Monday, February 9, 2009

Domestic violence

Continuing on the topic of Women in India, today I want to share my views on Domestic Violence.
I grew up in an atmosphere where no one beats anyone else, for any reason. But we had a maid who came everyday with bruises and black eye, and when I asked her what happened she would say her husband came home drunk and beat her. That is how I knew 'some' husbands beat their wives when drunk. I grew up with that notion. I only saw domestic violence on the TV and thought it only happens to the lower 'class' women who do not have the education or support from family to walk out on their husbands and come back up on their feet.

Then, a few years back, 2 incidents happened. To two of my very good friends. And the way their families 'handled' it has been a study in diametric opposites.

One of my friends is a younger daughter of a very well to do scientist in a prestigious establishment and she herself is an engineer. Her parents are like mine, and have always treated their daughters like friends. You could not find one moment in their upbringing where you could think they regret not having a son. She was free to do what she wanted and they only started 'looking' for a suitable boy to get her married only when she was finally ready and said yes. She got married to this guy who was working in the US and his family was back home in India. Post marriage she was at her in laws' place for a few months until she got her visa and left to join her husband in the states. While she was in India I chatted with her a few times and I remember she telling me her in laws were like friends and treated her very well. I was happy for her. Then one day, my dad called me and asked me to talk to her and find out 'what is going on'. He then told me that she was always crying when she talked to her parents during the weekly call home. Always wanting to come back home. Her parents thought it was because she was in an alien land for the first time, and was a housewife so missed her husband all day! Little did they know that he had her under a 'house arrest'. She was not allowed to go out, did not have a license to drive, her passport was locked up by him, she was given money only enough to do groceries, not allowed to call home when she wanted and did not have a computer while he was at work. He also taunted her and her parents because she could not cook very well (threw the plate on her face once). He did not beat her ever but this was enough to make her life a living hell. This was domestic violence she was facing. The last I heard, her parents talked to her husband and coaxed her to stay on and try to change him.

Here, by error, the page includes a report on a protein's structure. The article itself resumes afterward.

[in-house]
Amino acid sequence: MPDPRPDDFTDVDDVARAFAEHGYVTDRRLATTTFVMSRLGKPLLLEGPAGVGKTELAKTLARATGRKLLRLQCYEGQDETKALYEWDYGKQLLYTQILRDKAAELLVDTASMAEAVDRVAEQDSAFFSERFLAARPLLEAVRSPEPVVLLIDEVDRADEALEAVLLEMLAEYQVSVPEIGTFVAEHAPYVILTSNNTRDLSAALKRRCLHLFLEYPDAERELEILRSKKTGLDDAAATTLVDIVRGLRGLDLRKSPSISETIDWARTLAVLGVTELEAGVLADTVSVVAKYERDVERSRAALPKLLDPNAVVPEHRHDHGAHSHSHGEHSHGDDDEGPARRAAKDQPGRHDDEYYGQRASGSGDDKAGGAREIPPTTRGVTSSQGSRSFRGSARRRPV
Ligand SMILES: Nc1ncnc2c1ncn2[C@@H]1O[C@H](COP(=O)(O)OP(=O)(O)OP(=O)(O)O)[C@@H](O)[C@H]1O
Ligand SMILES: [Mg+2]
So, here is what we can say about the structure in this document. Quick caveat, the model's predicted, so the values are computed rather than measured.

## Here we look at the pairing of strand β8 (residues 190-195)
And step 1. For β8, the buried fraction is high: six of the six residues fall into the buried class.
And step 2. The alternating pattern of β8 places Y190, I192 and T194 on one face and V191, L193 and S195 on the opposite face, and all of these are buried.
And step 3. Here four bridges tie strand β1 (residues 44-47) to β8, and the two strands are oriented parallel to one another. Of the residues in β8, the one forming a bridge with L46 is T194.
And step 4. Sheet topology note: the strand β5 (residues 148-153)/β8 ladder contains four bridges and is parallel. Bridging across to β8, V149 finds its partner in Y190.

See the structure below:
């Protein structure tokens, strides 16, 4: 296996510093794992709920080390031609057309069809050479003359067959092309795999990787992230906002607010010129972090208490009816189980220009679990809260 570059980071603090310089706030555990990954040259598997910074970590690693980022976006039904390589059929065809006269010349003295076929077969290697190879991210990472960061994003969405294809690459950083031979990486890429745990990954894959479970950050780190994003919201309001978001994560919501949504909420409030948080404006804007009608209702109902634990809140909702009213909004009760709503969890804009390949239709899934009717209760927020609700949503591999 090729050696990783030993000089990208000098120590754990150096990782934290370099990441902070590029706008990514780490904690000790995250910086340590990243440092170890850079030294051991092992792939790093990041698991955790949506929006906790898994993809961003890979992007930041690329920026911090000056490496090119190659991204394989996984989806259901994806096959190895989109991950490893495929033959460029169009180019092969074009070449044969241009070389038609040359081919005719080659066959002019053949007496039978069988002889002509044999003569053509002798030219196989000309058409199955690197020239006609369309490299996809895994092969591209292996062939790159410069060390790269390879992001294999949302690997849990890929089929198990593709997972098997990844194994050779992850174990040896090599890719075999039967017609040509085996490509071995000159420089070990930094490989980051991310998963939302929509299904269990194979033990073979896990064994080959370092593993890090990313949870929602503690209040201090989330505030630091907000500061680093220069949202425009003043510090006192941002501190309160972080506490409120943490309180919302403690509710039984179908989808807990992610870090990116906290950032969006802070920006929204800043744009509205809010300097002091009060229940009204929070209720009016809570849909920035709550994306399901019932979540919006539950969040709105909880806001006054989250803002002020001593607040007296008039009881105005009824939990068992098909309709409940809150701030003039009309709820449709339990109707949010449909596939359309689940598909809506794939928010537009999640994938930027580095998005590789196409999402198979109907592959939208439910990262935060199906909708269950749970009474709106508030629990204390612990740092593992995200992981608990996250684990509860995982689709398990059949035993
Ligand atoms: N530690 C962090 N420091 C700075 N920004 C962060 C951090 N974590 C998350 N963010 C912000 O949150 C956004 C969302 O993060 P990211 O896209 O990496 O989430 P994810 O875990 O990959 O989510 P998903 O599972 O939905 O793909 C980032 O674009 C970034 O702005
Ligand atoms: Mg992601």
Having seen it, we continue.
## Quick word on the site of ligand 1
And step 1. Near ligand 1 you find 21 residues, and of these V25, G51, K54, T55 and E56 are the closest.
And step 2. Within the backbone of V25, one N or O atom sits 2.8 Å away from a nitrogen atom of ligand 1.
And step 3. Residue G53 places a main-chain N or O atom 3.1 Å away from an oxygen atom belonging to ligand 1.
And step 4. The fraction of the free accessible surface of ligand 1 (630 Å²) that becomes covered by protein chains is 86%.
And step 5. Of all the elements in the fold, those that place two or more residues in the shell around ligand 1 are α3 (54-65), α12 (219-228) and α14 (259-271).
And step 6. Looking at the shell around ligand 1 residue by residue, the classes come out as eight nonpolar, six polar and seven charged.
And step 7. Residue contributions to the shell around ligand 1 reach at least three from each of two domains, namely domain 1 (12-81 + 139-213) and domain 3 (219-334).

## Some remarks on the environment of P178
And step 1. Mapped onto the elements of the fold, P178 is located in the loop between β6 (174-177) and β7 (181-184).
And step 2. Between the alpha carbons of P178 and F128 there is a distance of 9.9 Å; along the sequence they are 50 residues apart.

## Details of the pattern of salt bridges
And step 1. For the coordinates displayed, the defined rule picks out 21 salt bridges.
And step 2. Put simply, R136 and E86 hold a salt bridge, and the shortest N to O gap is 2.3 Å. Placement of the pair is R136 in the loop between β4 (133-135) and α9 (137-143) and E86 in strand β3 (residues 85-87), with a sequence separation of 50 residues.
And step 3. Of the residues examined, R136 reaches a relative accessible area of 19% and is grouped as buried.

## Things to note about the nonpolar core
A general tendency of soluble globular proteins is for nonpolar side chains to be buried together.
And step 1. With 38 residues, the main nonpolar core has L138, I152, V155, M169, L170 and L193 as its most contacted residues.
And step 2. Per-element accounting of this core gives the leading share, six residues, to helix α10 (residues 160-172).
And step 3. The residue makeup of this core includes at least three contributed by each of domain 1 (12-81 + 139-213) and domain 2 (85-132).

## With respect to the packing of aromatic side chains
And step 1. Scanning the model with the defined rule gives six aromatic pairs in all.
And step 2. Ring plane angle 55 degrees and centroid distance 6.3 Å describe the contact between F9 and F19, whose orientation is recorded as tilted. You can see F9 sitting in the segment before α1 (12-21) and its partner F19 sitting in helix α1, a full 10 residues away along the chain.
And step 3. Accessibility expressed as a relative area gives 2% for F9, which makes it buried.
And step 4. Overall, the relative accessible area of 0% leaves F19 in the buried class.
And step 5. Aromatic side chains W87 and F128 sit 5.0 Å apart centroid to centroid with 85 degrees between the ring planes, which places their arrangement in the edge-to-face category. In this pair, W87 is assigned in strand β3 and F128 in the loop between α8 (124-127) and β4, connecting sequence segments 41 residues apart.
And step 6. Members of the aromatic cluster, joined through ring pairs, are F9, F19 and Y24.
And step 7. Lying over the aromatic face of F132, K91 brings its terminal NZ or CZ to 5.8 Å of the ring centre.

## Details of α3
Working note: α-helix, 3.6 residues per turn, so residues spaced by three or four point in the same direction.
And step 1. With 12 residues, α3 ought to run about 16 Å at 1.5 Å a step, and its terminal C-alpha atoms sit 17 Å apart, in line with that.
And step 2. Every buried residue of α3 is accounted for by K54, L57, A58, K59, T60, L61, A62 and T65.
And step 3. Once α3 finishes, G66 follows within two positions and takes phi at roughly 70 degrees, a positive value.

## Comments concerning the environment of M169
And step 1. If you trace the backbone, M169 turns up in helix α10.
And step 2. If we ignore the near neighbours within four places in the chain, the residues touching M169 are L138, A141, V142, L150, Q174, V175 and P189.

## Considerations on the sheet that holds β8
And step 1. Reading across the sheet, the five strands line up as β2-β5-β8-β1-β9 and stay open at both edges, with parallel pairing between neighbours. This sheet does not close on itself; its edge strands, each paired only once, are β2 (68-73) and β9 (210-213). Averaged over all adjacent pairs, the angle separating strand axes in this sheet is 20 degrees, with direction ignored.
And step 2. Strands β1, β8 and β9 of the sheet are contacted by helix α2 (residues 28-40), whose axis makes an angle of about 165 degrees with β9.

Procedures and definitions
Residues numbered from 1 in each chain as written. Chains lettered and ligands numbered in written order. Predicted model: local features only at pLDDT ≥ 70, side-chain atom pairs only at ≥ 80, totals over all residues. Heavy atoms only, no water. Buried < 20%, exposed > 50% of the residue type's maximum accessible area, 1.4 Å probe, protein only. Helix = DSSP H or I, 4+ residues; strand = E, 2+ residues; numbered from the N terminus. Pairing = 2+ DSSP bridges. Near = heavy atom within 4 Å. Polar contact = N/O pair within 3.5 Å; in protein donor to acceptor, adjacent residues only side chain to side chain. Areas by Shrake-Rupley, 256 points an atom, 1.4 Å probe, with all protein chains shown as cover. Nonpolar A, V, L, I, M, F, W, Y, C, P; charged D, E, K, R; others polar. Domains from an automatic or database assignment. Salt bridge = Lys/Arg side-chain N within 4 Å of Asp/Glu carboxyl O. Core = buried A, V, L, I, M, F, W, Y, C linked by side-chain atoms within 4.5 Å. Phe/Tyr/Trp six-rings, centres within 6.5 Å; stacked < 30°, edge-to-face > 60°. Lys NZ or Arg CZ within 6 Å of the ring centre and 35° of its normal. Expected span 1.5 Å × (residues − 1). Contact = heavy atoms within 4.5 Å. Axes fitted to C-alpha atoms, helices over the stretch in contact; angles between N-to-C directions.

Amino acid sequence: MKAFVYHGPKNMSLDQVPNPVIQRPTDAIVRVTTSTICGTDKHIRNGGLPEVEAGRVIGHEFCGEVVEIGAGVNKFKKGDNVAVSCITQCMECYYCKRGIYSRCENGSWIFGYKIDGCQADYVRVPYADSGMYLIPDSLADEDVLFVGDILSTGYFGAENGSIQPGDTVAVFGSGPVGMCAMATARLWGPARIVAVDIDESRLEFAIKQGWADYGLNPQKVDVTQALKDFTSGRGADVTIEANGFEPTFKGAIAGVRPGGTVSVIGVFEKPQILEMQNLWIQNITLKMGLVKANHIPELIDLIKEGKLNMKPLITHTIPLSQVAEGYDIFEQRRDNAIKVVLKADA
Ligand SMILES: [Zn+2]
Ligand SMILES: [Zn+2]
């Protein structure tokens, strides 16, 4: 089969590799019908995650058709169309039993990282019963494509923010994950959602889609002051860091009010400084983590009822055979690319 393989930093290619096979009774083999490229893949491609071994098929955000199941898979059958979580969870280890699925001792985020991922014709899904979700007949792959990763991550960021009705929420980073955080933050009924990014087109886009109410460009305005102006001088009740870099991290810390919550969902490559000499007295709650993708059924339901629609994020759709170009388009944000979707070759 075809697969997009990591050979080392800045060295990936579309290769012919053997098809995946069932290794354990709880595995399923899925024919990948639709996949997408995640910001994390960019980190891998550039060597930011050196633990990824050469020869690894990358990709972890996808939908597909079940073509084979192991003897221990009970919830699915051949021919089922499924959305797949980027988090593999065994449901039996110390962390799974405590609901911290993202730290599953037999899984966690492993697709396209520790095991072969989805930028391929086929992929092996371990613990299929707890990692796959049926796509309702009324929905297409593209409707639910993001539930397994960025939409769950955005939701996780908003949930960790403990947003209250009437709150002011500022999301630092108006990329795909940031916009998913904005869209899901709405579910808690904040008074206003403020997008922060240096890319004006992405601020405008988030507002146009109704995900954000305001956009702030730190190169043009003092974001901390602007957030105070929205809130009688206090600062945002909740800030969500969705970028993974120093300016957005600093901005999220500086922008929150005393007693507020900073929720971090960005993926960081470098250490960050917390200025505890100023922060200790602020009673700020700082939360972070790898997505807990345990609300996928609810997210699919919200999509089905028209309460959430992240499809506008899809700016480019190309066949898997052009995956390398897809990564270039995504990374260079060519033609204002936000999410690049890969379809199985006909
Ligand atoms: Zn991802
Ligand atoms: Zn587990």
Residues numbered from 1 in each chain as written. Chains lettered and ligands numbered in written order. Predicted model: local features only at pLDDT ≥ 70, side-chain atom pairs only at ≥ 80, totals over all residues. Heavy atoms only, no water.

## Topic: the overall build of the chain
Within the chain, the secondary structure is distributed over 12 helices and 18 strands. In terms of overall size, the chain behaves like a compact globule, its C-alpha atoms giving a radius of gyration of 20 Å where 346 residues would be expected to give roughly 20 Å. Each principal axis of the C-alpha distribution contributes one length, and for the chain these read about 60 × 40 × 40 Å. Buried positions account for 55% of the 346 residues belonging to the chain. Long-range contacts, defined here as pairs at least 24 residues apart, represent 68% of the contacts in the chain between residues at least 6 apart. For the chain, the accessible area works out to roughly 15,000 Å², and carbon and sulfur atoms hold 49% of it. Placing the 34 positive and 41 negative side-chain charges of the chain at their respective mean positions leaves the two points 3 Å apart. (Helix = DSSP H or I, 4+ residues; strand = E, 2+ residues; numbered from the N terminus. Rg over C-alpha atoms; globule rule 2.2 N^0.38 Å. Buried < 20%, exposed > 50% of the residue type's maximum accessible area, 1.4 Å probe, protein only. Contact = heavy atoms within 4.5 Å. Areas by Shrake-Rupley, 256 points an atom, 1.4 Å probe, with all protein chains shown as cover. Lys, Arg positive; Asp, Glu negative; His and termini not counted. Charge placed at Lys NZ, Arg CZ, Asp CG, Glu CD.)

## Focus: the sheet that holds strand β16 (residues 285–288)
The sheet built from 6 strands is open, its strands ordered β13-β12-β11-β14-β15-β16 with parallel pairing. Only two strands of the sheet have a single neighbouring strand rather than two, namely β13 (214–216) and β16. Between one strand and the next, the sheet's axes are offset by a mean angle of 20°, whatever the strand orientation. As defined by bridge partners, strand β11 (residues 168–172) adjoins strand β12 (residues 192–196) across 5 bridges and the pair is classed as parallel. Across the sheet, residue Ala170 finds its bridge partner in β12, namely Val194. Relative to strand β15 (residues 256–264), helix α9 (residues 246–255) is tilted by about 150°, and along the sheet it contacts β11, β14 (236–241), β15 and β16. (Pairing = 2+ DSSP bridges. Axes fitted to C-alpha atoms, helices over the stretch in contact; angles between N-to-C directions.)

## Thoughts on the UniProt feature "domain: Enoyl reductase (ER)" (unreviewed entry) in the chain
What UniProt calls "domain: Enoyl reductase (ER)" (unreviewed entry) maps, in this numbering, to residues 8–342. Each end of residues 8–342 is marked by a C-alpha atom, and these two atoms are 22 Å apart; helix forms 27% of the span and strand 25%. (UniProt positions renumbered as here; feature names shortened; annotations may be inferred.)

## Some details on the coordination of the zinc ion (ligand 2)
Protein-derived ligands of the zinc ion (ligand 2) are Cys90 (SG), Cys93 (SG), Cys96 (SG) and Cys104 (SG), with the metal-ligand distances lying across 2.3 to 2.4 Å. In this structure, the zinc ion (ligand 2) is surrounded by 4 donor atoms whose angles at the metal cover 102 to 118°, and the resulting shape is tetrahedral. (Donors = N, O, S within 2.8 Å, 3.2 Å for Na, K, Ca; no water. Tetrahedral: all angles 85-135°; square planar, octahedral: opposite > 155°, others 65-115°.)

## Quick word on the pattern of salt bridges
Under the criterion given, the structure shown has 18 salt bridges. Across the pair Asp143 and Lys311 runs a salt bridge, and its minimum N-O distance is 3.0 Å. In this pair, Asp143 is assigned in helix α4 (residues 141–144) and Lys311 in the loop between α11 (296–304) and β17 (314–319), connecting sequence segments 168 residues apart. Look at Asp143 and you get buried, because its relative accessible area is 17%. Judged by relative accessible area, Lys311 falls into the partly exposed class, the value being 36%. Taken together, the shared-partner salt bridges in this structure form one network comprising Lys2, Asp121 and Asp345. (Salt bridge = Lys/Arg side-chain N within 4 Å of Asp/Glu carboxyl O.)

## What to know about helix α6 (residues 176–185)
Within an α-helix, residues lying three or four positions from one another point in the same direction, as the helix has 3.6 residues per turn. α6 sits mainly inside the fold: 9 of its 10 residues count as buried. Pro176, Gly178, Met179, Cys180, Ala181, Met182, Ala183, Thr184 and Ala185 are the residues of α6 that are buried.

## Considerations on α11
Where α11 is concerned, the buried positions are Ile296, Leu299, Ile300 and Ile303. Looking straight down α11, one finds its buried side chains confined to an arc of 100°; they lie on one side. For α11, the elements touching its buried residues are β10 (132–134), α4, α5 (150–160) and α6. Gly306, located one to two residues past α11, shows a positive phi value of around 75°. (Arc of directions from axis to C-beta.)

Another story is that of my dad's good friend's daughter, who is also my very good friend. She comes from a very simple middle class family, father, mother and younger brother, living in a small flat in Mumbai. She is also an engineer and worked for a few years before the marriage bug bit the parents. They found a suitable boy in the form of this son of rich gujju parents. He also was working in the US and came to India to meet her once. The next time he went was to get married. Cut to 2 years later, I get a call from my dad saying he is in Mumbai at his friends' place and they are trying to get a visa to the US URGENTLY. The reason? Their daughter was being beat up everyday by her husband, AND he was having a much too intimate a relationship with a female colleague of his. My friend was under 'house arrest', was on a dependent visa and had nowhere else to go. Her parents and brother swiftly managed to get their visas to the US and joined her soon. The first thing they did was to contact a south-asian women's domestic violence cell and got a restraining order against her husband. They then started proceedings for legal separation. Meanwhile, the women's cell also managed to get her a special work visa and a job. In a few weeks she was divorced and earning her own living. Her family went back after a couple of months. Now she lives independently and is much happier than she was when she was married. Her family visits her whenever they can.